Sicilian chickpea fritters with scamorza & chili

I’ve only ever seen fresh chickpeas twice in my life. Yet, their dried and tinned relatives reside in my store cupboard all year round and I consider them a faithful staple and quick-dish standby ingredient.

chickpea bunch

Chickpeas are one of the Mediterranean’s oldest known harvested pulses, and are a mainstay of the cuisines bordering the sea. These Sicilian chickpea fritters or panelle are supposed to be made from chickpea flour and made up like polenta. But as the flour is impossible to source here in Malta, despite our being just 90kms away from Sicily, I used whole chickpeas blitzed up and formed into soft patties that are far thicker than the slivers of panelle you’d find as street food. Health food shops might have the flour but regular tinned chickpeas make more sense; like me, you won’t be heading to Sicily into the fields to gather a chickpea harvest, nor grind it up somehow into flour!

Sicilian chickpea panelle

True panelle don’t usually have added extras except for chopped flat-leafed parsley but by introducing a knock-out quality melting cheese like Scamorza and some chili and cumin puts panelle up a notch from street food to posh picnic, light lunch or drinks’ party bites without making the recipe complicated or deviating too much from its origins; Scamorza and chili both being key Sicilian ingredients, and cumin a herb that dominates Malta’s culinary history.

Palermo church and chickpea panelle

I can’t say I’ve seen fields of chickpeas in Malta either but some small-holders do grow them. The god-send lady who has baby-sat my son for over a decade has a family field on the outskirts of my village and she is one of the bearers of fresh chickpeas – well, semi-dried and yellowed as I’ve never received them green and growing. Villa Bologna, of pesticide-free veggie fame here in Malta, also had chickpeas this summer. I’ve kept them all season waiting for the patience to shell them or perhaps pod them is the better verb. You can prepare them as green peas, steam or boiled lightly and served tossed in olive oil, lemon, garlic and seasoned. Mint added too, just as you would to regular peas.


Chickpea fritters’ history

In Palermo, the true home of the panella, these chickpea fritters are served in a panino and are considered an Ur-alt fast-food, not to mention a staple of cucina povera, everyday cooking for farmers’ and labourers’ households. It’s grabbed kerbside and in markets like Palermo’s famed Vucciria. I suppose to an Anglophone, panelle are the Sicilian’s chip butty. The chickpea I reckon has more going for it than a potato in bread, given its protein.

Sicilian chickpea fritters

Cheap, tasty and turned into an accompaniment to BBQs or as a light meal (breakfast perhaps too), panelle made from canned peas make a fritter with a thicker, coarser texture than those you’d find in Viccuria. I am not a fan of deep-pan frying so found it easy enough to toss coat in a polenta crust to emulate a fried, crisper outer.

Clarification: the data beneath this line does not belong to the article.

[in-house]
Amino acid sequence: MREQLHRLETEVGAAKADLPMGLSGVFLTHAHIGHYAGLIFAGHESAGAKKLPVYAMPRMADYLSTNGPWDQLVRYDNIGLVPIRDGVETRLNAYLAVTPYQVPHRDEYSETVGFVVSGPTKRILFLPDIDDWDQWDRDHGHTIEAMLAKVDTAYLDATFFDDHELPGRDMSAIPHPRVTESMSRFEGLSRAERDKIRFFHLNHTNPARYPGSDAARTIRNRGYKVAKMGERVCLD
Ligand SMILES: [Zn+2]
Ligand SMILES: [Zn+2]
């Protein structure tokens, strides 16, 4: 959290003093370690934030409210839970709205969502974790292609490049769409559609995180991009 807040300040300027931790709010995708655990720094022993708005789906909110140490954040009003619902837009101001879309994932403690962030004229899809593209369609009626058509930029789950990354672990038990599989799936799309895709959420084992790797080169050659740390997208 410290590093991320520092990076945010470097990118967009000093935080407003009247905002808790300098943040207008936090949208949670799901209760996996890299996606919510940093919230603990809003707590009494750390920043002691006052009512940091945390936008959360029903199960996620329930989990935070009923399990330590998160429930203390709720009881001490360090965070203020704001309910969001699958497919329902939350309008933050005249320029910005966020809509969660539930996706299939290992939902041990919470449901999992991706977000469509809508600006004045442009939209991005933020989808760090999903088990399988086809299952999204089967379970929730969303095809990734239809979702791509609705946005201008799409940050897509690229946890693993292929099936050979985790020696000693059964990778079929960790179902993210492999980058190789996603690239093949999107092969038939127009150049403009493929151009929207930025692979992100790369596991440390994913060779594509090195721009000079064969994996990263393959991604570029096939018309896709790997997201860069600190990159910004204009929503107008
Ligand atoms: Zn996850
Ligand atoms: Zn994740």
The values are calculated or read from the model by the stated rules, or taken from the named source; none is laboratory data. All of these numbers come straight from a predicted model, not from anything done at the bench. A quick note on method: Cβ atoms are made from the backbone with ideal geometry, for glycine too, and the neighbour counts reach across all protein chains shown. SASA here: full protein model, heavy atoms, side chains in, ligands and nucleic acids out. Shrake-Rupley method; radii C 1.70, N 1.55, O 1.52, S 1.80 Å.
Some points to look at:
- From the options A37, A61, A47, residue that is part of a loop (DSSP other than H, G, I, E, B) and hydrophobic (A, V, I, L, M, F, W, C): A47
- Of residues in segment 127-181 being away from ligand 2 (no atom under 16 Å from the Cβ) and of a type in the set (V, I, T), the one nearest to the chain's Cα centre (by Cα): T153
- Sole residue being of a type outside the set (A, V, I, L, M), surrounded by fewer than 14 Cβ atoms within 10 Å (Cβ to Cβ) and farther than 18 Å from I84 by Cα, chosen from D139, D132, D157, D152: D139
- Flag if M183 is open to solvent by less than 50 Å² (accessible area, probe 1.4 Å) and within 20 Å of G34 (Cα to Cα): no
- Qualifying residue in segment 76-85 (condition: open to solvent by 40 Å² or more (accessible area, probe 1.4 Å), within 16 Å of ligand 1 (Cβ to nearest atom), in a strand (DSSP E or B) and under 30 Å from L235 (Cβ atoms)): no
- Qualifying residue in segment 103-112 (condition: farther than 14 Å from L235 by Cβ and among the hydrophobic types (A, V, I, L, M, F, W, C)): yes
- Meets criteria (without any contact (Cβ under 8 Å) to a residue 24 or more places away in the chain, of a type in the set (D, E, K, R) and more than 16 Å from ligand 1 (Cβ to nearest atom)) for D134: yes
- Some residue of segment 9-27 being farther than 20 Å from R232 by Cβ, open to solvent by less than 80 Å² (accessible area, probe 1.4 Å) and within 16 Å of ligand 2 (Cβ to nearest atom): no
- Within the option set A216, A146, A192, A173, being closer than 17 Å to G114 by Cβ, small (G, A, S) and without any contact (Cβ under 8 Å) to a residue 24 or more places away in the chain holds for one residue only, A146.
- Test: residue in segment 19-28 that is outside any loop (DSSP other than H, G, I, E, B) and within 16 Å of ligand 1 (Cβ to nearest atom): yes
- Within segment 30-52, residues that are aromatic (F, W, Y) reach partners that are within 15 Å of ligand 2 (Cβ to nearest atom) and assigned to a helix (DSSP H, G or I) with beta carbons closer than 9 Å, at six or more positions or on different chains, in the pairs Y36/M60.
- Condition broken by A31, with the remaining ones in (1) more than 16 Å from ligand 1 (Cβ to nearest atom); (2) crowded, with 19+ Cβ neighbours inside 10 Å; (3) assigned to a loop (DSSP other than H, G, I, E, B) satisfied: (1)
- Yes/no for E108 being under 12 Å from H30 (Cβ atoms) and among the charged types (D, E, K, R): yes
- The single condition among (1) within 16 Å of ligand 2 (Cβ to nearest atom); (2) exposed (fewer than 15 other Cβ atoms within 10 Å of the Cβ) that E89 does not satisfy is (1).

Palermitan chickpea fritters

There’s something north African about this bite too, I feel, so I added some ground cumin too. With Palermo circled by a vast bay and port, it’s easy to see the trans-Med influences in Sicilian food, just as ports and trade shaped Malta’s too. I must make a return to Palermo and this time visit Vucciria to see panelle in their glory.

All images © Liz Ayling 2013

Sicilian chickpea fritters with scamorza & chili
Prep time
Cook time
Total time
Simple street food from the markets of Palermo brought to our kitchen. If you can't find scamorza, any melting cheese is fine - fontina, Emmental etc. Serve with sweet chili sauce or my spicy tomato passata (ketchup). Add a salad, and you’ve a great snack lunch or supper for a meat-free day! Serves four large ‘burger’ size patties or 12-16 small balls or patties ideal as appetizers.
Recipe type: Snack / Light Lunch
Cuisine: Italian
Serves: 12-16
  • 2 x 400g tins Chickpeasprint button transparent
  • Scamorza or other melting cheese (small block)
  • dried chili flakes – amount as desired
  • zest of 1 lemon & juice of half a lemon
  • 1 egg, medium size
  • fresh-milled sea salt and black pepper
  • 1 heaped tsp ground cumin
  • dried oregano or thyme, a rounded teaspoon and some to sprinkle
  • polenta – to coat the fritters
  • A little extra virgin olive oil
  • Sweet chili sauce (shop bought) or Red Bistro passata to serve
  • Parmesan to grate on to serve
  1. Drain, rinse and shake dry canned chickpeas. Place in a food processor.
  2. Add all the other ingredients except the cheese. Pulse, then whiz up the chickpeas on speed two until a medium-grained paste. There’s no need to make it totally smooth.
  3. Sprinkle some polenta on a large flat plate. Take a small handful of the chickpea mix and form into a ball, then press flat gently between palms. Set aside and make another chickpea disc. Place some thinly sliced Scamorza on the top of one disc, then cover with the second disc. Press lightly together and then coat all sides of the fritter in polenta. I used a burger press to make my fritters which were quite deep at around 2.5cm so I could encase a good amount of Scamorza. If making appetizers, make smaller patties or balls – with the latter, simply make a dimple in the ball, press in the cheese and reform the ball.
  4. Cover and chill in the fridge for two hours.
  5. Pre-heat oven to 200°C (fan). Place fritters on a metal baking tray lined with baking parchment. Drizzle over some olive oil and bake for around 20 minutes, turning once, until crisp and slightly golden on top.




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